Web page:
“We sincerely regret and apologize for the fact that Gretchen was not treated with the respect and dignity that she and all of our colleagues deserve.”
That’s the statement that 21st Century Fox, parent company of Fox News, issued last week as part of a $20-million (U.S.) apology/settlement with Gretchen Carlson. Carlson had launched a sexual harassment lawsuit against former Fox News CEO Roger Ailes.
The fall of Ailes, the reaction to the lawsuit from 21st Century Fox boss Rupert Murdoch and the growing number of allegations of sexual harassment inside Fox News amount to an extraordinary story. They are also gross, disturbing and dispiriting. But we can learn lessons from it and use it to keep a cold eye on what happens inside television.
First lesson is this: Sexism is rampant. While harassment appeared to be emphatically flagrant at Fox News, it is fair to suggest that the alleged conduct of Ailes and other Fox News bosses is unlikely to be unique. Women are often badly treated in broadcast media. There is an unnerving acceptance of sexism and sexist behaviour. And to cast the net wider, we need only look at the treatment of Hillary Clinton in coverage of the current U.S. presidential campaign – coverage not exclusive to Fox – to see the fear and loathing of women that is currently unbridled.
In coverage of the Fox News story, mainly in the U.S. media, there has been the smell of gloating in many quarters. It’s understandable. When Fox News was launched in 1996, under the guidance of Roger Ailes, Murdoch’s company was sensing an opportunity. It looked at the competition, CNN and MSNBC, and laughed at the idea of objectivity. The core of Fox News, with its often comical bluster masquerading as news, is the recognition that its viewers aren’t objective, they are biased.
As most citizens are. They want to hear attacks on “elites,” and they resent change. They enjoy outrage. The savagery of the Fox News approach again exhibits the Murdochian contempt for tradition and genius for energizing the tawdry. Fox News celebrated the reactionary views of its audience – the sort of older males who call phone-in radio shows to complain about everything – and elevated those views to orthodoxy.
Perhaps the most extraordinary thing about Fox News is how deeply serious it has always been. Everything that airs is unchecked by any semblance of irony or humour.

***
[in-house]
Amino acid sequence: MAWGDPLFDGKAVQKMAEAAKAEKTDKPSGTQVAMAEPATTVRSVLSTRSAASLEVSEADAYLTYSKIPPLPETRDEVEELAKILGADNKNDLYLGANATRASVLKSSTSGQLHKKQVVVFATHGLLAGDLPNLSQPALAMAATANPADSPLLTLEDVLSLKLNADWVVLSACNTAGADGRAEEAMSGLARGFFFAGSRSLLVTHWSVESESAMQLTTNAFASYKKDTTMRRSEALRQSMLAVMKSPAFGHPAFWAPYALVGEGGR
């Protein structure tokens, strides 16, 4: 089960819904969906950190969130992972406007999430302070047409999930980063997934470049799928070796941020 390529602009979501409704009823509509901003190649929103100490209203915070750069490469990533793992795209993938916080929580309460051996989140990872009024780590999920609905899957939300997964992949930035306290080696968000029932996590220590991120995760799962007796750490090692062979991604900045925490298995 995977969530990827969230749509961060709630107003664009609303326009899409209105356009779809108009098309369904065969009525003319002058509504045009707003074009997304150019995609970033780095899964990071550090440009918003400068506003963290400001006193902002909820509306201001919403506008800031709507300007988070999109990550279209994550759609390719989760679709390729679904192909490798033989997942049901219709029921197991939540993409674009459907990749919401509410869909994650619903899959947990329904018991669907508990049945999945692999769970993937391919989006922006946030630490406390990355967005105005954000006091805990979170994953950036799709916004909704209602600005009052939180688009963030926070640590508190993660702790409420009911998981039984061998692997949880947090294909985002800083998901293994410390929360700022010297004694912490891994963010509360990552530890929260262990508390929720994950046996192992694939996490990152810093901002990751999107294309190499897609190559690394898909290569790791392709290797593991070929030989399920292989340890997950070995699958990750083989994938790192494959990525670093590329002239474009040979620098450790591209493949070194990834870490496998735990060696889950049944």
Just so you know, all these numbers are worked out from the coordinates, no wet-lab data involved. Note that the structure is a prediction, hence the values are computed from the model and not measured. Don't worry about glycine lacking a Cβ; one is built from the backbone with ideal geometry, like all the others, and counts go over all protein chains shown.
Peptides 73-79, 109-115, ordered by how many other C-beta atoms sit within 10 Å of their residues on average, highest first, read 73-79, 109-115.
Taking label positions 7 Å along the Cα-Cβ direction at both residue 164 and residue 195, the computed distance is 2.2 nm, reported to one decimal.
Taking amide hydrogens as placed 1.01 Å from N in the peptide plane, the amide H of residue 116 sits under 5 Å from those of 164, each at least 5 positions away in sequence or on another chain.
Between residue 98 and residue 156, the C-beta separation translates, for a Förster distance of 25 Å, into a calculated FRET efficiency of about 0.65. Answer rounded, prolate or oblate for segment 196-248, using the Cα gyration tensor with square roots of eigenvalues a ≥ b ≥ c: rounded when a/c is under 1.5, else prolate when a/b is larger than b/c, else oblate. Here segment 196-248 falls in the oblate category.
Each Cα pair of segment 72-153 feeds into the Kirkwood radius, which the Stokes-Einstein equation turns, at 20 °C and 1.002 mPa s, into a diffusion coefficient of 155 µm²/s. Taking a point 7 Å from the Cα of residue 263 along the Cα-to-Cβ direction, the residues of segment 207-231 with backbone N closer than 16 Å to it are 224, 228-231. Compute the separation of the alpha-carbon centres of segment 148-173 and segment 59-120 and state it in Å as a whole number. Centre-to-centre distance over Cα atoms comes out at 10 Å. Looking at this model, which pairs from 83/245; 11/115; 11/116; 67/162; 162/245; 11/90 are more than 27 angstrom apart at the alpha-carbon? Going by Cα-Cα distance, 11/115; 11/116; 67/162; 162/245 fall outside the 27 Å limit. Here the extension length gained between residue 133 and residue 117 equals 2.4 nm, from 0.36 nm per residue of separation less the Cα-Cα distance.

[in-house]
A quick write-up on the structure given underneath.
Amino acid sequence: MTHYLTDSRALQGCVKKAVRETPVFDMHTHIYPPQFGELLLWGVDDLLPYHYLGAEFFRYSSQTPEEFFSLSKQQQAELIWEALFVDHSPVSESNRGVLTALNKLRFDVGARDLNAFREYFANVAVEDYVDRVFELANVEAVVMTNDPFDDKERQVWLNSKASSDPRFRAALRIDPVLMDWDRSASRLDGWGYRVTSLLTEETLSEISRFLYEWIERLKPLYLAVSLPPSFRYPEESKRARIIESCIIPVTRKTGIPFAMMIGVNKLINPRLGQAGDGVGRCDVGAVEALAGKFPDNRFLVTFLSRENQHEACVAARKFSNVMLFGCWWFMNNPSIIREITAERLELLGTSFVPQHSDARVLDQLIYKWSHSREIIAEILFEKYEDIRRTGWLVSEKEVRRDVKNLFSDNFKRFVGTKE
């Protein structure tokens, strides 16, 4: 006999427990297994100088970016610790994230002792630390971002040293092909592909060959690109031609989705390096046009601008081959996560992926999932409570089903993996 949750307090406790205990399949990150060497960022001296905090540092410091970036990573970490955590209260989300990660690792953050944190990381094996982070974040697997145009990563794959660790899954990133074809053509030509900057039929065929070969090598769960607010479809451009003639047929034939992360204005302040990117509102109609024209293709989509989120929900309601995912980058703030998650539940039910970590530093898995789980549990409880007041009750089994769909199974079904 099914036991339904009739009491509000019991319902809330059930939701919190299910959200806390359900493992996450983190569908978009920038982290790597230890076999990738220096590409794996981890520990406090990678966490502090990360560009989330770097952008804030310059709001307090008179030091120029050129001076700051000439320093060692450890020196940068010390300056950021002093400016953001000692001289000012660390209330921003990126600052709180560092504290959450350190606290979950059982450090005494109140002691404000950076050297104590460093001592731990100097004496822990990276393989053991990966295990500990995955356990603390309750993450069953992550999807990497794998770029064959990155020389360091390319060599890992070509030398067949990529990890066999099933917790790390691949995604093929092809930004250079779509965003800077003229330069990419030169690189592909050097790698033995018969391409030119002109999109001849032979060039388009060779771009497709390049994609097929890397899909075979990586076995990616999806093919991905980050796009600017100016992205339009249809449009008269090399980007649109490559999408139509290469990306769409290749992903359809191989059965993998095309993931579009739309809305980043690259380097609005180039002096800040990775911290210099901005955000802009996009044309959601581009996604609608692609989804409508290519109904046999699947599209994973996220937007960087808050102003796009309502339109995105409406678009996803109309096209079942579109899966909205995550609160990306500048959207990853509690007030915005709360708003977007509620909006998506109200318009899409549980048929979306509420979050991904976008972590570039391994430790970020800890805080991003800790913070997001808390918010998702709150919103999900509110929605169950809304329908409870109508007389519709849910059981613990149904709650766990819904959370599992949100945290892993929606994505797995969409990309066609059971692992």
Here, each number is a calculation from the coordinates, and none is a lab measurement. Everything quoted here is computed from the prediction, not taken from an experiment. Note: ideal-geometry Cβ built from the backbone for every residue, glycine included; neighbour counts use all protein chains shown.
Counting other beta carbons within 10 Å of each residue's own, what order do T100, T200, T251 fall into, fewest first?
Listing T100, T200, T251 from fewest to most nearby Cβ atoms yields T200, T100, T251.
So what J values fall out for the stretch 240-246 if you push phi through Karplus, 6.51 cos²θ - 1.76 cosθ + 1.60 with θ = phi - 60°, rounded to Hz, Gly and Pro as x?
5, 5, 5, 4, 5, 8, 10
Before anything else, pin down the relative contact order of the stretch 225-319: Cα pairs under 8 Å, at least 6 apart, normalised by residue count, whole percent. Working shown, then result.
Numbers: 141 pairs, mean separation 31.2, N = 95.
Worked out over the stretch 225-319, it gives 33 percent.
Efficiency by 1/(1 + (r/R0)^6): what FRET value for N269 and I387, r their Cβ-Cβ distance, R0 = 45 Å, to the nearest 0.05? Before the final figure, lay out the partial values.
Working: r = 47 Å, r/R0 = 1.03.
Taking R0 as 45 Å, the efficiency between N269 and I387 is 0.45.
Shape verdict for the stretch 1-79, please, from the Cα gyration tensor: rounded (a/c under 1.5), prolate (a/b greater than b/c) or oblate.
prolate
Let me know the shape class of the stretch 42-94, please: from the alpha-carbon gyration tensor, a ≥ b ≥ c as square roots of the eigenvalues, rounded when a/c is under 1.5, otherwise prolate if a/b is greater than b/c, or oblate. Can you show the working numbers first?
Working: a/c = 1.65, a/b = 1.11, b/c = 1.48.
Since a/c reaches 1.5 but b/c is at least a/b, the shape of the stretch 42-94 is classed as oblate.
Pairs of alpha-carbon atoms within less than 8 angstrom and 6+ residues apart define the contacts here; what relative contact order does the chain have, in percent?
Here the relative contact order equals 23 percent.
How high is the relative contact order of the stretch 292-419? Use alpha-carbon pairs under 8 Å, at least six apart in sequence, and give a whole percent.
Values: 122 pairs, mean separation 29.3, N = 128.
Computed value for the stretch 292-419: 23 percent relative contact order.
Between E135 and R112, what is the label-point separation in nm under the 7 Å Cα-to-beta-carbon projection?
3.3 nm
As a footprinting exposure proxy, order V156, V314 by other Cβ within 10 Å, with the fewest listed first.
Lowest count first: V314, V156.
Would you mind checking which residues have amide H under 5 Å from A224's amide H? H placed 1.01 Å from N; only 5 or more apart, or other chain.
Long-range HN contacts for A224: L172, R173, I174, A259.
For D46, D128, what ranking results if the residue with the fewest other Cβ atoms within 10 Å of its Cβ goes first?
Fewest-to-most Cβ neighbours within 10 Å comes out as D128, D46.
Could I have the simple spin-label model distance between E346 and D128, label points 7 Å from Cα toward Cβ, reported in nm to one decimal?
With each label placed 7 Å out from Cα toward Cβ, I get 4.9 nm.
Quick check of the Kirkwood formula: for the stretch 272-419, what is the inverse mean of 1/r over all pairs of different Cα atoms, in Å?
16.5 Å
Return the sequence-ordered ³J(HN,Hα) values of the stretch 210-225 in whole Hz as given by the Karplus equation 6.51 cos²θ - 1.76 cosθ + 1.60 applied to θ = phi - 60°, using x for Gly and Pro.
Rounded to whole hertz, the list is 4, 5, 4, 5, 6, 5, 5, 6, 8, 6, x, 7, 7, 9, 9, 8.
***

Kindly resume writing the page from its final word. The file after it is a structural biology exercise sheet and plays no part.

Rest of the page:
Mind you, putting the Fox News scandal in the context of Fox alone is wrong and unhelpful. Follow the Ailes thread to his new job advising the Donald Trump campaign, and follow it from there to what Trump himself says. CNN reported this recently: “In recent weeks, Ailes has become one of the most influential voices in the room as Trump prepares for his first head-to-head matchup with Hillary Clinton, on September 26. Ailes has attended at least two of Trump’s Sunday debate prep sessions in person, sources said, and talks with Trump by phone multiple times a week.”
While the connection has been reported, there is, surprisingly, little outrage over it. And yet Ailes, now facing multiple allegations of harassment and his former employer having settled several of them, is advising a candidate who has said he hopes daughter Ivanka Trump would “find another job” if she was sexually harassed at work. And Tuesday on NBC’s bizarre Commander-in-Chief Forum, Trump defended a comment he made in 2013 that sexual assault in the U.S. military happened because men and women serve alongside each other.
It beggars belief that an underlying sexism in the U.S. political culture is not being deliberately nourished and brought to the surface. That same sexism exists in broadcasting, to a greater degree than many might suppose. Having written about television for more than a few years, take my word for it.
And in looking back at Fox News and its origins, I was reminded that a big movie released around the time the network launched was To Die For, about a woman, played by Nicole Kidman, who will do anything, including arrange a murder, to have a TV career. When she realizes that she might have to have sex with a man to further her professional ambitions, she only hopes the guy isn’t ugly.
The movie is satire, a broad farce at times. The point is to mock those who live inauthentic lives and desire celebrity status. Yet sometimes I think many people believe that Suzanne is a representative type – and believe that many women will do anything to have a career in TV, and to stay there. As the Fox News scandal reveals, some TV bosses certainly believe that. There’s a lesson right there.Report Typo/Error